Why build this bridge at evening tide?”
The builder lifted his old gray head;
“Good friend, in the path I have come,” he said,
“There followed after me to-day
A youth whose feet must pass this way.
This chasm that has been as naught to me
To that fair-haired youth may a pitfall be;
He, too, must cross in the twilight dim;
Good friend, I am building this bridge for him!”
Ms. Will Allen Domgoole
As we celebrate the afterglow of Christmas and wait for the wise men to arrive with their gifts may we gather up our own gifts - continue on our journey with a life full of wonder and excitement. We too have seen his Star in the East and have come to worship him.
I have come that you might have life and have it more abundantly. It is the eighth day of Christmas. It is Epiphany Sunday. A new year awaits us. Our world awaits us. I am the Alpha and Omega, the Beginning and the End. I am the Way, the Truth, and the Life.
By Ruth Comfort Mitchell
A tired old doctor died today, and a baby boy was born-
A little new soul that was pink and frail, and a soul that was gray and worn.
And—halfway here and halfway there-
On a white, high hill of shining air,
They met and passed and paused to speak in the flushed and hearty dawn.
The man looked down at the soft, small thing, with wise and weary eyes;
And the little chap stared back at him, with startled, scared surmise:
And then he shook his downy head-
"I think I won't be born," he said;
”You are too gray and sad!” And he shrank from the pathway down the skies.
But the tired old doctor roused once more at the battle-cry of birth,
And there was memory in his look, of grief and toil and mirth,
"Go on!" he said, "It's good-and bad:
It's hard! Go on! It's ours, my lad."
And he stood and urged him out of sight, down to the waiting earth.
Ruth Comfort Mitchell
Published in Harper’s Magazine ~ December 1921-May 1922, Volume 144, page 252
Ruth Comfort Mitchell and John Steinbeck both lived in Los Gatos, California, and she wrote her novel Of Human Kindness, as a literary rebuttal to Steinbeck’s, The Grapes of Wrath.
A Christmastide Sermon ~ THE AFTERGLOW, written by Rev. Robert P. Starbuck, M.Div., PhD, in 2011; edited by Ron Starbuck, Saint Julian Press, Inc. © 2014.
This sermon and others will be included in a new book of prose and poetry to be titled, In My Father’s House are Many Mansions, from Saint Julian Press in 2015.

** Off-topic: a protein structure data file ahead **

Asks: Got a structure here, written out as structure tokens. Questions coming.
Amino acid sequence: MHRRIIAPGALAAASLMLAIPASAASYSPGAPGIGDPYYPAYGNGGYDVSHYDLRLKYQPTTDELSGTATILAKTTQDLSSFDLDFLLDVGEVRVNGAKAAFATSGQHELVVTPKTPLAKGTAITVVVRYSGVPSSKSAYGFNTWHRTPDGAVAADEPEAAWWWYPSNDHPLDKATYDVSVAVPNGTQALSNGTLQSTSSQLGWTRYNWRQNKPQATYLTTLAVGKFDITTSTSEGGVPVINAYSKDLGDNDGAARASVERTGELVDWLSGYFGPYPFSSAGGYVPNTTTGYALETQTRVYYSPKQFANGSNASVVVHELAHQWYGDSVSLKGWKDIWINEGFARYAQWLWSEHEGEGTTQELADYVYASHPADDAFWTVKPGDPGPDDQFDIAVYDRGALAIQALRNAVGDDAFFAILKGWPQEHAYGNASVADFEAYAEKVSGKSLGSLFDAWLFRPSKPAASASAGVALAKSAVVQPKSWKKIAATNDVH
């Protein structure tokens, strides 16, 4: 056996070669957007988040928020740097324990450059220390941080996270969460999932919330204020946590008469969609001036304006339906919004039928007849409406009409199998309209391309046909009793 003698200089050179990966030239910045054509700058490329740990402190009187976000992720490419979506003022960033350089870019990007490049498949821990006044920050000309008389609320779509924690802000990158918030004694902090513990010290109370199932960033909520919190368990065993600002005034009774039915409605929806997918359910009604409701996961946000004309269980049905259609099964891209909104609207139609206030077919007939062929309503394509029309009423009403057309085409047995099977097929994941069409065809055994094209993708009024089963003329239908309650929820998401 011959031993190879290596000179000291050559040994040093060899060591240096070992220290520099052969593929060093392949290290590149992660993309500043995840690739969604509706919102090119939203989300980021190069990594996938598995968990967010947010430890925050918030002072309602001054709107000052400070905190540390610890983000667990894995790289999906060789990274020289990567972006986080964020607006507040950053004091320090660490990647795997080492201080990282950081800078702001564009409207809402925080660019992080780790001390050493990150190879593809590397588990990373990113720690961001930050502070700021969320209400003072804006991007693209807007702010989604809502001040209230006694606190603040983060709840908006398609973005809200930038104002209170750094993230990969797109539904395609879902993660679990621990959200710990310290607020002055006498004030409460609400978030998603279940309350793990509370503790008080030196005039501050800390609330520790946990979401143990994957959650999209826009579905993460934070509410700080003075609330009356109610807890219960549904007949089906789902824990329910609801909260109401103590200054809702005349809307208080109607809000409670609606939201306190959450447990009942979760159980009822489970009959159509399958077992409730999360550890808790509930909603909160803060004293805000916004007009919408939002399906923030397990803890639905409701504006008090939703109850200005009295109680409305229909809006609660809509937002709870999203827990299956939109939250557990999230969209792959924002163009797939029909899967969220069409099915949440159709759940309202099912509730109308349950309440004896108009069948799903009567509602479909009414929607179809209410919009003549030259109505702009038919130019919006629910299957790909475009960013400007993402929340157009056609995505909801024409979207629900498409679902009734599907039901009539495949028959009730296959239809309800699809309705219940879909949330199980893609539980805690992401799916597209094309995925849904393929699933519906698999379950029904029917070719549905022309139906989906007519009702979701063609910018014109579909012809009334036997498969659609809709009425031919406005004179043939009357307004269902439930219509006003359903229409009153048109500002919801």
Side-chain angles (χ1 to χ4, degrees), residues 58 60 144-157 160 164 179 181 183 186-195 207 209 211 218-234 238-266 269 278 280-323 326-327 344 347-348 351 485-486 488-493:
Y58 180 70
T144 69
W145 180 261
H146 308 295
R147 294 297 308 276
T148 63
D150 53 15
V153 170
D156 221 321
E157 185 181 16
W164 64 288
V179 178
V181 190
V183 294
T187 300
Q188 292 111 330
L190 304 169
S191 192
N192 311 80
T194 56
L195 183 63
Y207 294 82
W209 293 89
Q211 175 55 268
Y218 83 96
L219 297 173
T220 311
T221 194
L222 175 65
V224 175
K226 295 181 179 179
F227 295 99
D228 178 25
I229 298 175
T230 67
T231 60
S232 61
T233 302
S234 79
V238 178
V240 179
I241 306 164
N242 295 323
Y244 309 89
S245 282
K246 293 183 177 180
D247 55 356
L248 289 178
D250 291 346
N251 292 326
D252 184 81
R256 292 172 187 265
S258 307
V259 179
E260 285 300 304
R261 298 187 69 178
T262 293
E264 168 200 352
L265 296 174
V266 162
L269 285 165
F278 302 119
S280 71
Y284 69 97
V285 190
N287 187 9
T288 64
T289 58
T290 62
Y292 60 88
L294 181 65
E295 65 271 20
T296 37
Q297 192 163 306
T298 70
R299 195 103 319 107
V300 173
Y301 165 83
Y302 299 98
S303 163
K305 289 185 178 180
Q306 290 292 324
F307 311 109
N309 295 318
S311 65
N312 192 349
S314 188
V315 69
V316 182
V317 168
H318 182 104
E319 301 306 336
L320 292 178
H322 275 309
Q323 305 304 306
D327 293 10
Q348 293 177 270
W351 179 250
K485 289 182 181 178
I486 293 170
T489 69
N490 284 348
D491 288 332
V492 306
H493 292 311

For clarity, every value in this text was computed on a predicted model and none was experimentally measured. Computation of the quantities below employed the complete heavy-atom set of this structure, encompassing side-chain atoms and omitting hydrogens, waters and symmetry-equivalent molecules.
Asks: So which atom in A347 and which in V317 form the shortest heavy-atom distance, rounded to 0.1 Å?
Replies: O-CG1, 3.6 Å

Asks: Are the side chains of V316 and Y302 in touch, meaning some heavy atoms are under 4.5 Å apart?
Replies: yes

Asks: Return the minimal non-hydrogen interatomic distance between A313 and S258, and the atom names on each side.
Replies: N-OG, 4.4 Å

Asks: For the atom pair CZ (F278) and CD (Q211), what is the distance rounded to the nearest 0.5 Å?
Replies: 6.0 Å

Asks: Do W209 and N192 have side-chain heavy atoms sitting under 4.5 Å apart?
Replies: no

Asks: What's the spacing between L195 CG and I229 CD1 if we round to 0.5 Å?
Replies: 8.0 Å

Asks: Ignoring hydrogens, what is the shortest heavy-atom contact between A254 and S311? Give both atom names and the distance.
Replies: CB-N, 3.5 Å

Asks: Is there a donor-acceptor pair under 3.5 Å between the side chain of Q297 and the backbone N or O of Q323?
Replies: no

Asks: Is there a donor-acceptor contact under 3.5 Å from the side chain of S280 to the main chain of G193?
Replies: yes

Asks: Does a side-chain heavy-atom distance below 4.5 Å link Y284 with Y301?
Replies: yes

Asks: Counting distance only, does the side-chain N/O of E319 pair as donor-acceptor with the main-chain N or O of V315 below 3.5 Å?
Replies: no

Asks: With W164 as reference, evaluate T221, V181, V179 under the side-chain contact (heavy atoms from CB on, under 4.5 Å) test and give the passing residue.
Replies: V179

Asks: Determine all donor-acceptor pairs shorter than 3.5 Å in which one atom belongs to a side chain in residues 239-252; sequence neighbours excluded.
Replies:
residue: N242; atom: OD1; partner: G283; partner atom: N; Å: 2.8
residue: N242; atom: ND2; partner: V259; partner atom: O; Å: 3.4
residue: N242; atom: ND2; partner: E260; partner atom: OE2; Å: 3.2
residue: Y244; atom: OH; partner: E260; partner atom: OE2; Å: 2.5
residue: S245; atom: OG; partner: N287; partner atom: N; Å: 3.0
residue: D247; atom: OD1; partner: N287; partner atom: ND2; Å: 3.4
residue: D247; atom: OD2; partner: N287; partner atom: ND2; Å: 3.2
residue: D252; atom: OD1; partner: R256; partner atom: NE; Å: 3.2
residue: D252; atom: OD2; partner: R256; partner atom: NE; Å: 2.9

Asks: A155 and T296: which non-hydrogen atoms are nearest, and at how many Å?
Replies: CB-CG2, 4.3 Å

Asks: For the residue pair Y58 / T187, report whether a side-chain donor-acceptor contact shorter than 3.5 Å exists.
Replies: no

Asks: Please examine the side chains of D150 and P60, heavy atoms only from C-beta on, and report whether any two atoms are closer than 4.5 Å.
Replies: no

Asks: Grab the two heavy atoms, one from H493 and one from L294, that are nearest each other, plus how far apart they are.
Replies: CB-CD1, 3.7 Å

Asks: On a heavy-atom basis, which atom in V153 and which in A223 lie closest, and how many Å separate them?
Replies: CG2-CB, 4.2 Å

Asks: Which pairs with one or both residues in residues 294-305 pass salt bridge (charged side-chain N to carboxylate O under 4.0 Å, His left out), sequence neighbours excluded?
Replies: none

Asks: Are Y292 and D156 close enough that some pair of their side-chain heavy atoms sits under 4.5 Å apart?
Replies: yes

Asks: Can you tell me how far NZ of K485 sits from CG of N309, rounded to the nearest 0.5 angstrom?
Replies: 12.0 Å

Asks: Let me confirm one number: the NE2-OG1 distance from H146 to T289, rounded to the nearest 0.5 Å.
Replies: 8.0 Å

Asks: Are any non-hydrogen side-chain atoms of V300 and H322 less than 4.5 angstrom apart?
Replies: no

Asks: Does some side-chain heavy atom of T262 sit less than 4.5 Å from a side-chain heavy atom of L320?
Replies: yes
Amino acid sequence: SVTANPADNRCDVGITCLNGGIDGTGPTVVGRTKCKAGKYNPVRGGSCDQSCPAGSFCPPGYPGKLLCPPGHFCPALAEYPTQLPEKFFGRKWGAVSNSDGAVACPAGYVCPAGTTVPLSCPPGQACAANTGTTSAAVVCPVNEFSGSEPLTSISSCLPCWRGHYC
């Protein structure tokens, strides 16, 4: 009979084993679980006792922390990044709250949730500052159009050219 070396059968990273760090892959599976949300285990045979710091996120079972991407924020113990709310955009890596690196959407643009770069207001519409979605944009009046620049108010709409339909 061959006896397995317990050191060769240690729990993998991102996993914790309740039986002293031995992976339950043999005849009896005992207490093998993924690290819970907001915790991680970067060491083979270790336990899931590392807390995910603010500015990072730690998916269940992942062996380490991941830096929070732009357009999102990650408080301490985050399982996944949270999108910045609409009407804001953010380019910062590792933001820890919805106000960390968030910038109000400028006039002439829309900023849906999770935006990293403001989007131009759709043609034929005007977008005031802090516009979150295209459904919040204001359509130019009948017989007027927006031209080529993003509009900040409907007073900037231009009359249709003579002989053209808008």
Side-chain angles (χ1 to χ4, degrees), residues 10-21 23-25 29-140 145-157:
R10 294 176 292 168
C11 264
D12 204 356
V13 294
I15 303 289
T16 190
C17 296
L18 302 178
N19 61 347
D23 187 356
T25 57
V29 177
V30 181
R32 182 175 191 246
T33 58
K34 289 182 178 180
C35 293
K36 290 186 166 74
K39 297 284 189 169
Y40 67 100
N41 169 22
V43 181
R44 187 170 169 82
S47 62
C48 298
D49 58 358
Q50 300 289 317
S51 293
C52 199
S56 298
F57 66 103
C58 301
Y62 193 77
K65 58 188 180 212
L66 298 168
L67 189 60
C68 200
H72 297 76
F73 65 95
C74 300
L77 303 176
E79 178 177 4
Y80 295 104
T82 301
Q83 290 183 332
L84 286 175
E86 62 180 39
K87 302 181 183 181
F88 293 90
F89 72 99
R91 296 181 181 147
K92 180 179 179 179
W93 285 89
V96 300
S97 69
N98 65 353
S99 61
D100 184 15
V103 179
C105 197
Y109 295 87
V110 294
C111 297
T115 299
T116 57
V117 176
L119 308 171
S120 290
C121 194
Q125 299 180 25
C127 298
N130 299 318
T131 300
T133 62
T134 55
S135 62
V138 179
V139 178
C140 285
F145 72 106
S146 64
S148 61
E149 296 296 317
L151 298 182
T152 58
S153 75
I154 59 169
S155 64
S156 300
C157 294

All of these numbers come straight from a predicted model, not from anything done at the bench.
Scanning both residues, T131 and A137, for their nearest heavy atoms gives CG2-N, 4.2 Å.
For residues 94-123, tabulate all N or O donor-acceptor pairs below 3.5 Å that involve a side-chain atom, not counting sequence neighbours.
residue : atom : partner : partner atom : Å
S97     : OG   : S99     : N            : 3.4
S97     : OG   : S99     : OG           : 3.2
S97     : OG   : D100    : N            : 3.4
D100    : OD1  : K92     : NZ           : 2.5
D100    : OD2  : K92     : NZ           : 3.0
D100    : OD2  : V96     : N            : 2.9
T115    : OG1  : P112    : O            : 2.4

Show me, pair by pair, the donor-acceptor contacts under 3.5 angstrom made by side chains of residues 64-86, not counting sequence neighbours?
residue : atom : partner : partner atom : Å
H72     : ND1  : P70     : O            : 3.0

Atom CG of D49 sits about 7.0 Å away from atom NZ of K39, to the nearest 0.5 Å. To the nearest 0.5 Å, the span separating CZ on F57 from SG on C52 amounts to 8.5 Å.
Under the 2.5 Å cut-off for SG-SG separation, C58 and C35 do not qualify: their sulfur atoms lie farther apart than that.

As a Methodist minister for over 50 years, and practicing psychotherapist for over 40 years, my father never read the Bible in a literal way. He saw the Bible stories, readings, and lessons, as a way of wisdom, being, renewal, reconciliation, and forgiveness.
He saw them as something to be taught and celebrated as sacred literature and scripture pointing humankind towards a much higher truth and experience of the divine, pointing us towards an intimate and eternal relationship with the divine that is ours to claim, a new being. As a clergy he believed in and administered the sacraments of the church, and he believed in the Divine Mystery and Love of God actively at work within the world.
He was able to live in that mystery, to accept it fully and completely, and came to realize early in his adult life that what Jesus was teaching humankind was to love God, yourself, and others as your self.
Hear what our Lord Jesus saith: Thou shalt love the Lord thy God with all thy heart, and with all thy soul, and with all thy mind. This is the first and great commandment. And the second is like unto it: Thou shalt love thy neighbor as thyself. On these two commandments hang all the Law and the Prophets. Matthew 22:37-40
He urged people to embrace life, to live their life in great spiritual abundance, without separation, fully and completely. He believed in Jesus and the message and gift of God’s love, of salvation and oneness within the Trinity. He saw these as higher mysteries that take us beyond all religious beliefs, faiths, symbols, words, and images.
He believed in the unity of God’s Spirit, the Holy Spirit, unseen and invisible that is always waiting for us to claim the power of God’s love and healing within our own lives.
Ron Starbuck, Saint Julian Press.
January 1, 2015
Robert P. Starbuck, M.Div., PhD
In My Fathers's House Are Many Mansions (John 14:2) will be a new book to be published by Saint Julian Press in 2017. It will be a collection of essays and sermons written by Robert P. Starbuck, M.Div., PhD, in his fifty plus years as a Christian clergy, and over forty years as a practicing psychotherapist. We'll begin at the beginning and work our way through my father's life. The book's title is of course an allusion to and a metaphor for the diversity found in a literary and artistic dialogue that promotes world peace, cultural conversations, and an interfaith awareness, appreciation, and acceptance. Although, mostly Christian in vocabulary, the messages offered here are ones of universal acceptance across all humankind.